Science Confirms It: Cats Don’t Love Us

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Photo: Roy McMahon/Corbis

People really love their cats. They're friends to the friendless, four-legged furry pillows of comfort. We've all been suspicious that they maybe don't like us, but we ignore those thoughts and love them anyway. Well, science now confirms what we've always known in our hearts to be true: Cats are loners, rebels, the James Deans of pets — frosty, unemotional little jerks who are just going to ignore you.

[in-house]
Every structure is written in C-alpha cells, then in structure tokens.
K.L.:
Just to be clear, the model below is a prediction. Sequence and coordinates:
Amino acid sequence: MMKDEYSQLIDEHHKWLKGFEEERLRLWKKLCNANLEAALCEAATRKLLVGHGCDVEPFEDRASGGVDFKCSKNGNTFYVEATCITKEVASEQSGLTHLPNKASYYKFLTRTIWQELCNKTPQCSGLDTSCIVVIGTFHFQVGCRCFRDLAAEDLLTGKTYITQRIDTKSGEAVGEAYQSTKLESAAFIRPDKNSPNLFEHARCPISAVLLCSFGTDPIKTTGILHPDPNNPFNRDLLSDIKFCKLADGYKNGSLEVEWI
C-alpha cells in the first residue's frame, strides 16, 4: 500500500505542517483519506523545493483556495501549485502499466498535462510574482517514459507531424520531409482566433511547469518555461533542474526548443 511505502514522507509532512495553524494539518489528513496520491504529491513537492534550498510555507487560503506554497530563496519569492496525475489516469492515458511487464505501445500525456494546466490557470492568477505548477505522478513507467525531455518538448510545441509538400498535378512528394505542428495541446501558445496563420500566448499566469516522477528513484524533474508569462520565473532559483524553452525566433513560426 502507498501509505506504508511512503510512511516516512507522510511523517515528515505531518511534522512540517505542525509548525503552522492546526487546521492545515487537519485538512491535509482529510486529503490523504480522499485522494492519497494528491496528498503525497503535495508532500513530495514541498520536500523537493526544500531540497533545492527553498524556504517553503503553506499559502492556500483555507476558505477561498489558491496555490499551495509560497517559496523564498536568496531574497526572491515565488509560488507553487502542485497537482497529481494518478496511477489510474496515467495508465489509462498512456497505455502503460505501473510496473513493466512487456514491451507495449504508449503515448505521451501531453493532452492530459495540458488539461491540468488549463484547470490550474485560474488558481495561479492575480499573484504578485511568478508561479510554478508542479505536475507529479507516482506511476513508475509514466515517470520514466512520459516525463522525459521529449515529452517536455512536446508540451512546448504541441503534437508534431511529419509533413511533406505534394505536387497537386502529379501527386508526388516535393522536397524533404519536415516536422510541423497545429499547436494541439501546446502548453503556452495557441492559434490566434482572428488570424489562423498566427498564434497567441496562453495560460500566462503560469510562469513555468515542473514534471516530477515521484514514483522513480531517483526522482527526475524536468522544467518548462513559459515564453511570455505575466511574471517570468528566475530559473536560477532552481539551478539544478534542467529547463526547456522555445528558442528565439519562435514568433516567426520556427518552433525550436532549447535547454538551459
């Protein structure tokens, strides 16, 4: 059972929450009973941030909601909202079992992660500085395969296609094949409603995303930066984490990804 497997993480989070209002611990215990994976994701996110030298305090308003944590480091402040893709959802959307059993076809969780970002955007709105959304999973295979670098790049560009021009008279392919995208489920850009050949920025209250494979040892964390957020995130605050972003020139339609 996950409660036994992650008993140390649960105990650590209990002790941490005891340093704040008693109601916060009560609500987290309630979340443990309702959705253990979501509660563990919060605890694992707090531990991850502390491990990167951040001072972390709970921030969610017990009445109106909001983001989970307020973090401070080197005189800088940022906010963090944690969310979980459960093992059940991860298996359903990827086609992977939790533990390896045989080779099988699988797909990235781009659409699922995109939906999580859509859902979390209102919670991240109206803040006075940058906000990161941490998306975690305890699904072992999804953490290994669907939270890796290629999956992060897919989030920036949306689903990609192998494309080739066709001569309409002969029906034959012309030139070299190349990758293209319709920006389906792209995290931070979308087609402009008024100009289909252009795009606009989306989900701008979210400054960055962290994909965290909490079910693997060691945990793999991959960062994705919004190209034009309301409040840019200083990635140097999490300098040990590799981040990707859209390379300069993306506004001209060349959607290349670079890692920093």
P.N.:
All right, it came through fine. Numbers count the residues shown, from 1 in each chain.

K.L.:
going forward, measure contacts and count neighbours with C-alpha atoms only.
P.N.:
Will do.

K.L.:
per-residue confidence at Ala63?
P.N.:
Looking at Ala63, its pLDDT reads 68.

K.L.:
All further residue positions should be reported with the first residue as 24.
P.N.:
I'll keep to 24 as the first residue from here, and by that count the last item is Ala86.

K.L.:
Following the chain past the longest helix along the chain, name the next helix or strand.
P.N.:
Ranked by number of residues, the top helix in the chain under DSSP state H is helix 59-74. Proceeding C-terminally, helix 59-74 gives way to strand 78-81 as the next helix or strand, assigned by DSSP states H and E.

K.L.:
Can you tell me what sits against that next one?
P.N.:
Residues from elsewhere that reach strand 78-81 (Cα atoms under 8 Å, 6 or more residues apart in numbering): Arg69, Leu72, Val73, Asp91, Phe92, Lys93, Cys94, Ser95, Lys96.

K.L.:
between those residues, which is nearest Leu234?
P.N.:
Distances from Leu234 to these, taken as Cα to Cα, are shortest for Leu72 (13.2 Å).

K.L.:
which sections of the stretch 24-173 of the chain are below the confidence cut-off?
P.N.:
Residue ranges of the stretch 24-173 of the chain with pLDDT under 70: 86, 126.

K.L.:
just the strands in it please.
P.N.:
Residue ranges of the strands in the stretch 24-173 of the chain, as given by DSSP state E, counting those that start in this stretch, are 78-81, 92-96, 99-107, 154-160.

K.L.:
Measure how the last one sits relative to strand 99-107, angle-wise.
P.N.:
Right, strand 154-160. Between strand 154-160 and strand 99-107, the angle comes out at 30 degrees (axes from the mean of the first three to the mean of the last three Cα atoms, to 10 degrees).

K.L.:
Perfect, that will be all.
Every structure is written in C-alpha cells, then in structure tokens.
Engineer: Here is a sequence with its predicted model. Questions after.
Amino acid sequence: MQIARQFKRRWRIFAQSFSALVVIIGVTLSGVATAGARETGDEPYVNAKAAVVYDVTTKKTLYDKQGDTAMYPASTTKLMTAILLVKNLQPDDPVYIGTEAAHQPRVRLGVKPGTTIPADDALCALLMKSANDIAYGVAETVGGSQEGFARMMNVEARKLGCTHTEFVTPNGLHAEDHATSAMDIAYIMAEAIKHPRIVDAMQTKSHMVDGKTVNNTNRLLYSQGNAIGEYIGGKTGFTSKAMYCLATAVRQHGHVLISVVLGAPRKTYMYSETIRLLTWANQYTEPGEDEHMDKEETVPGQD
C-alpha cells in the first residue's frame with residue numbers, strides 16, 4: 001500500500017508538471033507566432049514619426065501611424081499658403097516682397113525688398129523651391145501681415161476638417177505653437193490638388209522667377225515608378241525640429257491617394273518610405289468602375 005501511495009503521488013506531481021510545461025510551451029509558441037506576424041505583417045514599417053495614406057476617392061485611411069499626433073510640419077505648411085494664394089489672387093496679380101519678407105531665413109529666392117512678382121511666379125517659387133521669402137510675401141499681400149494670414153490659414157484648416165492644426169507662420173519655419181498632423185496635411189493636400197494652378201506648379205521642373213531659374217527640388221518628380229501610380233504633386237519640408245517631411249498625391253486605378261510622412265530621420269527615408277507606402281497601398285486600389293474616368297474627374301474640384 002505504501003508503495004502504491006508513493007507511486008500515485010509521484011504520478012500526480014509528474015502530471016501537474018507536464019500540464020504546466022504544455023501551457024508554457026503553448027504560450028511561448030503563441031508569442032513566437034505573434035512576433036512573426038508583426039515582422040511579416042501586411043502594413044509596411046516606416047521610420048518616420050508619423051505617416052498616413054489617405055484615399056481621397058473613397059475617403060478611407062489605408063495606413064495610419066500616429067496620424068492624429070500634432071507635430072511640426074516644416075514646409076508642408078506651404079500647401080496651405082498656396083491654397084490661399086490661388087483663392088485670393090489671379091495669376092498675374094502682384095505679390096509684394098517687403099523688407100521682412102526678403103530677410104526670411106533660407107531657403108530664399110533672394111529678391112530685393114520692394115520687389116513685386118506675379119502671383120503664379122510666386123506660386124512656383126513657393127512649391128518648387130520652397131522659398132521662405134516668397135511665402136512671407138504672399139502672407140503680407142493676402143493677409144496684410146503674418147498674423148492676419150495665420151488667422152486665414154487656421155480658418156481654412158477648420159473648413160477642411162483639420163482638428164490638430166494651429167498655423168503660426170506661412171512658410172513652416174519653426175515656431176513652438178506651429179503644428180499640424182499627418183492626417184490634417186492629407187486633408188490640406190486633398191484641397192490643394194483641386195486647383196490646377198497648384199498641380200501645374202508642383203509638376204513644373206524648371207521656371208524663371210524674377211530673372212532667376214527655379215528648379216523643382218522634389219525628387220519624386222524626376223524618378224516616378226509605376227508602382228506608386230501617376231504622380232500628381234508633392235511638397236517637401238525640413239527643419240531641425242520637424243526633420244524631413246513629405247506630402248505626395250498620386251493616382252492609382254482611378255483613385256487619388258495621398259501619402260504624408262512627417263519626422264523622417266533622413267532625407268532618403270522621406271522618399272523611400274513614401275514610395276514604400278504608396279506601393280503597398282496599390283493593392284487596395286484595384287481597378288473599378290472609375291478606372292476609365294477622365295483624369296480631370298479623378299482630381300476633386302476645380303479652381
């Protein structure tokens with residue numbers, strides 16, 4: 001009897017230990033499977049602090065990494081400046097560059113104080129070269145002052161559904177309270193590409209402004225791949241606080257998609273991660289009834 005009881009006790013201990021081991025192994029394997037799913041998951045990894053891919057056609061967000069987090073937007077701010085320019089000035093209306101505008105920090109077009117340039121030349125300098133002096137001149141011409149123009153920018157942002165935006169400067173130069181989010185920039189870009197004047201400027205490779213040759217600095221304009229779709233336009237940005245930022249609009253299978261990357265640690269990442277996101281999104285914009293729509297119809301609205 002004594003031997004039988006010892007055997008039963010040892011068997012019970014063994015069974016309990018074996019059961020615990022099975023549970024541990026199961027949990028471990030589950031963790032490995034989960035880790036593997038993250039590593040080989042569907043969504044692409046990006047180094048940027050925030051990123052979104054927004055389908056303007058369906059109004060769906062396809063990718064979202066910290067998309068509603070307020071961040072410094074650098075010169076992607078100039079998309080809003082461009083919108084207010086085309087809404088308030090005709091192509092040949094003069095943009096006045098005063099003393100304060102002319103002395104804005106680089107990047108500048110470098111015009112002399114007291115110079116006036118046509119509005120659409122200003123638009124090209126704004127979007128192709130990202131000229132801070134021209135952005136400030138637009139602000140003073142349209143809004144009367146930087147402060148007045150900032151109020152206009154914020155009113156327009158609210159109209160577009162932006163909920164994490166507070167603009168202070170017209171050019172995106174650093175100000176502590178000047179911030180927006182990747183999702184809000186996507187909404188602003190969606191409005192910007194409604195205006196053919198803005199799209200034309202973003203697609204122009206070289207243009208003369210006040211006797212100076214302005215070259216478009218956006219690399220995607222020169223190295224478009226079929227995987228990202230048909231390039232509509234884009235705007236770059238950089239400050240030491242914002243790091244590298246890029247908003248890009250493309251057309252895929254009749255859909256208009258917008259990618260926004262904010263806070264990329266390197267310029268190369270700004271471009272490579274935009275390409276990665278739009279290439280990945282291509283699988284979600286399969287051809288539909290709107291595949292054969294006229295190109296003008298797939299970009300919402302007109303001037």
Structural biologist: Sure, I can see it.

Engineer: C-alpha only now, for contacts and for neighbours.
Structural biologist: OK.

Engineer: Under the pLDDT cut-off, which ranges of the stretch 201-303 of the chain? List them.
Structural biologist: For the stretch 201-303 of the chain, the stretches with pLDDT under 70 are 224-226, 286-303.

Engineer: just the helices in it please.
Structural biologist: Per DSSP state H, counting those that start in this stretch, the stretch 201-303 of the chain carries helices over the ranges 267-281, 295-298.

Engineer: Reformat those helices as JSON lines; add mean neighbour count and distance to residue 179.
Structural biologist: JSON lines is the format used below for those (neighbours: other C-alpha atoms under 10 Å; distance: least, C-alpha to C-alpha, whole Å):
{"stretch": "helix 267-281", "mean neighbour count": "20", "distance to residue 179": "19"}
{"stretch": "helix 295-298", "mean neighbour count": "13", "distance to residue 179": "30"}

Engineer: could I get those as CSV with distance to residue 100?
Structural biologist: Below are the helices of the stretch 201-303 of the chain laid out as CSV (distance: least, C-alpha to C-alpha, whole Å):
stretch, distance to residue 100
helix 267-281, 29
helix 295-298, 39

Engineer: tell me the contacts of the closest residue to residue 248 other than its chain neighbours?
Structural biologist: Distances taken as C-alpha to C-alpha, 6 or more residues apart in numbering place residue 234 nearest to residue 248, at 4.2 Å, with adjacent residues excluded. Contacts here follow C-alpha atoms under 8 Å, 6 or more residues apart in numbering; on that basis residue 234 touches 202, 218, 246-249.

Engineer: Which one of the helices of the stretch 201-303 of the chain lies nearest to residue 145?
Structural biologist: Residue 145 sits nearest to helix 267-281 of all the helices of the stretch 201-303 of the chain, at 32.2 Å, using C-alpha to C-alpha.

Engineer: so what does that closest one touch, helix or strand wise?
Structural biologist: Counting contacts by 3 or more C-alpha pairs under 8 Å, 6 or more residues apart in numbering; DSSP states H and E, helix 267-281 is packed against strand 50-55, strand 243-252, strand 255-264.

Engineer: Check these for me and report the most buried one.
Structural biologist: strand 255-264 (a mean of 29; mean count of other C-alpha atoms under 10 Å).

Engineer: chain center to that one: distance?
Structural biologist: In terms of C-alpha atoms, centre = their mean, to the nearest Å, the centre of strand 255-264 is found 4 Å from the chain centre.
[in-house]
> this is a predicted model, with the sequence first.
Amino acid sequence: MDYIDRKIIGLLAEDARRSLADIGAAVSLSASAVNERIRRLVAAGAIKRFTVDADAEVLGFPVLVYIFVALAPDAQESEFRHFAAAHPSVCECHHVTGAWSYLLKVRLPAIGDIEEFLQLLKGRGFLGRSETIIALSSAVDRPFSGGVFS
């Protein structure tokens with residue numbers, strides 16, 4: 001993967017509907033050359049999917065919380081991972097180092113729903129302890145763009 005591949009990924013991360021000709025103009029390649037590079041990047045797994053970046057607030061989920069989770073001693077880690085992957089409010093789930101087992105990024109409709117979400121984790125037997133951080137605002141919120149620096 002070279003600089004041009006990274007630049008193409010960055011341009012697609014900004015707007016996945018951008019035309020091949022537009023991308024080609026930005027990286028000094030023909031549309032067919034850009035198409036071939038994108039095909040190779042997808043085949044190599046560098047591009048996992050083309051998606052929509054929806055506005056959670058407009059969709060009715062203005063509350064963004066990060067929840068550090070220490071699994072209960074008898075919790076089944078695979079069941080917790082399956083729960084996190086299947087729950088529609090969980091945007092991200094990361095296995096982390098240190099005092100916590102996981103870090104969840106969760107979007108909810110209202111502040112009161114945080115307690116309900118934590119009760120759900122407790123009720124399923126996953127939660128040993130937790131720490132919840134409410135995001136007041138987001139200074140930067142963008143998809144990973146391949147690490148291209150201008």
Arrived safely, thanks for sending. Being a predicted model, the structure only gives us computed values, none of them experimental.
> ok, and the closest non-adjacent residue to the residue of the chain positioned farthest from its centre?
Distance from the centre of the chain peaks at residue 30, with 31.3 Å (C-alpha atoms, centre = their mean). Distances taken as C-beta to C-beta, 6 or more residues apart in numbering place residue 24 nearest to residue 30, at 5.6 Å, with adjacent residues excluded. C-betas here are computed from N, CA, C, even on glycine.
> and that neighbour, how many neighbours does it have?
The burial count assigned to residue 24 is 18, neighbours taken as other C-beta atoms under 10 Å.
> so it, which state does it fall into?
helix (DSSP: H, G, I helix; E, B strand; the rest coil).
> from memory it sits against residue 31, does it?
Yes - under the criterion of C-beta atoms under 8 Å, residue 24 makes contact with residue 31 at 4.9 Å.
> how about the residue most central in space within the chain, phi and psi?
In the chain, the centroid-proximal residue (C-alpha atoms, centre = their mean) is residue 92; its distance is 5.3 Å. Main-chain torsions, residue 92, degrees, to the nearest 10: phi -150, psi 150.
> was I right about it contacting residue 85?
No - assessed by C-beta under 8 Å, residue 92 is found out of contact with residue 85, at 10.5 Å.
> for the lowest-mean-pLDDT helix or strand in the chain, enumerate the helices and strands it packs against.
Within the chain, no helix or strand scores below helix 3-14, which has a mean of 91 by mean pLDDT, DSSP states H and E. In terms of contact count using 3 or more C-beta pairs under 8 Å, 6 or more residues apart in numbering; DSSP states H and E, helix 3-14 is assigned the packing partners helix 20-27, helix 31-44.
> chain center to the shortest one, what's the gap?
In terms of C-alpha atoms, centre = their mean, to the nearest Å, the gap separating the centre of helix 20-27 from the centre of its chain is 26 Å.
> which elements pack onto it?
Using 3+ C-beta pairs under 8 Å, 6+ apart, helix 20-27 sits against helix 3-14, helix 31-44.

A new study from the University of Tokyo found that when researchers played voice recordings of a cat's name being called by its owner, the feline subject displayed recognition, i.e., reacting to the familiar voice by "moving their heads and ears to locate the sound," but then remained totally unresponsive — they didn't meow or move toward the voice or anything. They just sat there, withholding love.

The study, published in the journal of Animal Cognition, reasons that cats haven't been domesticated to respond to human command. But we know the heartbreaking truth: Love your cat, love it well, but never expect it to really care about you unless you put it on one of those weird harness leashes and force it to be more like a dog.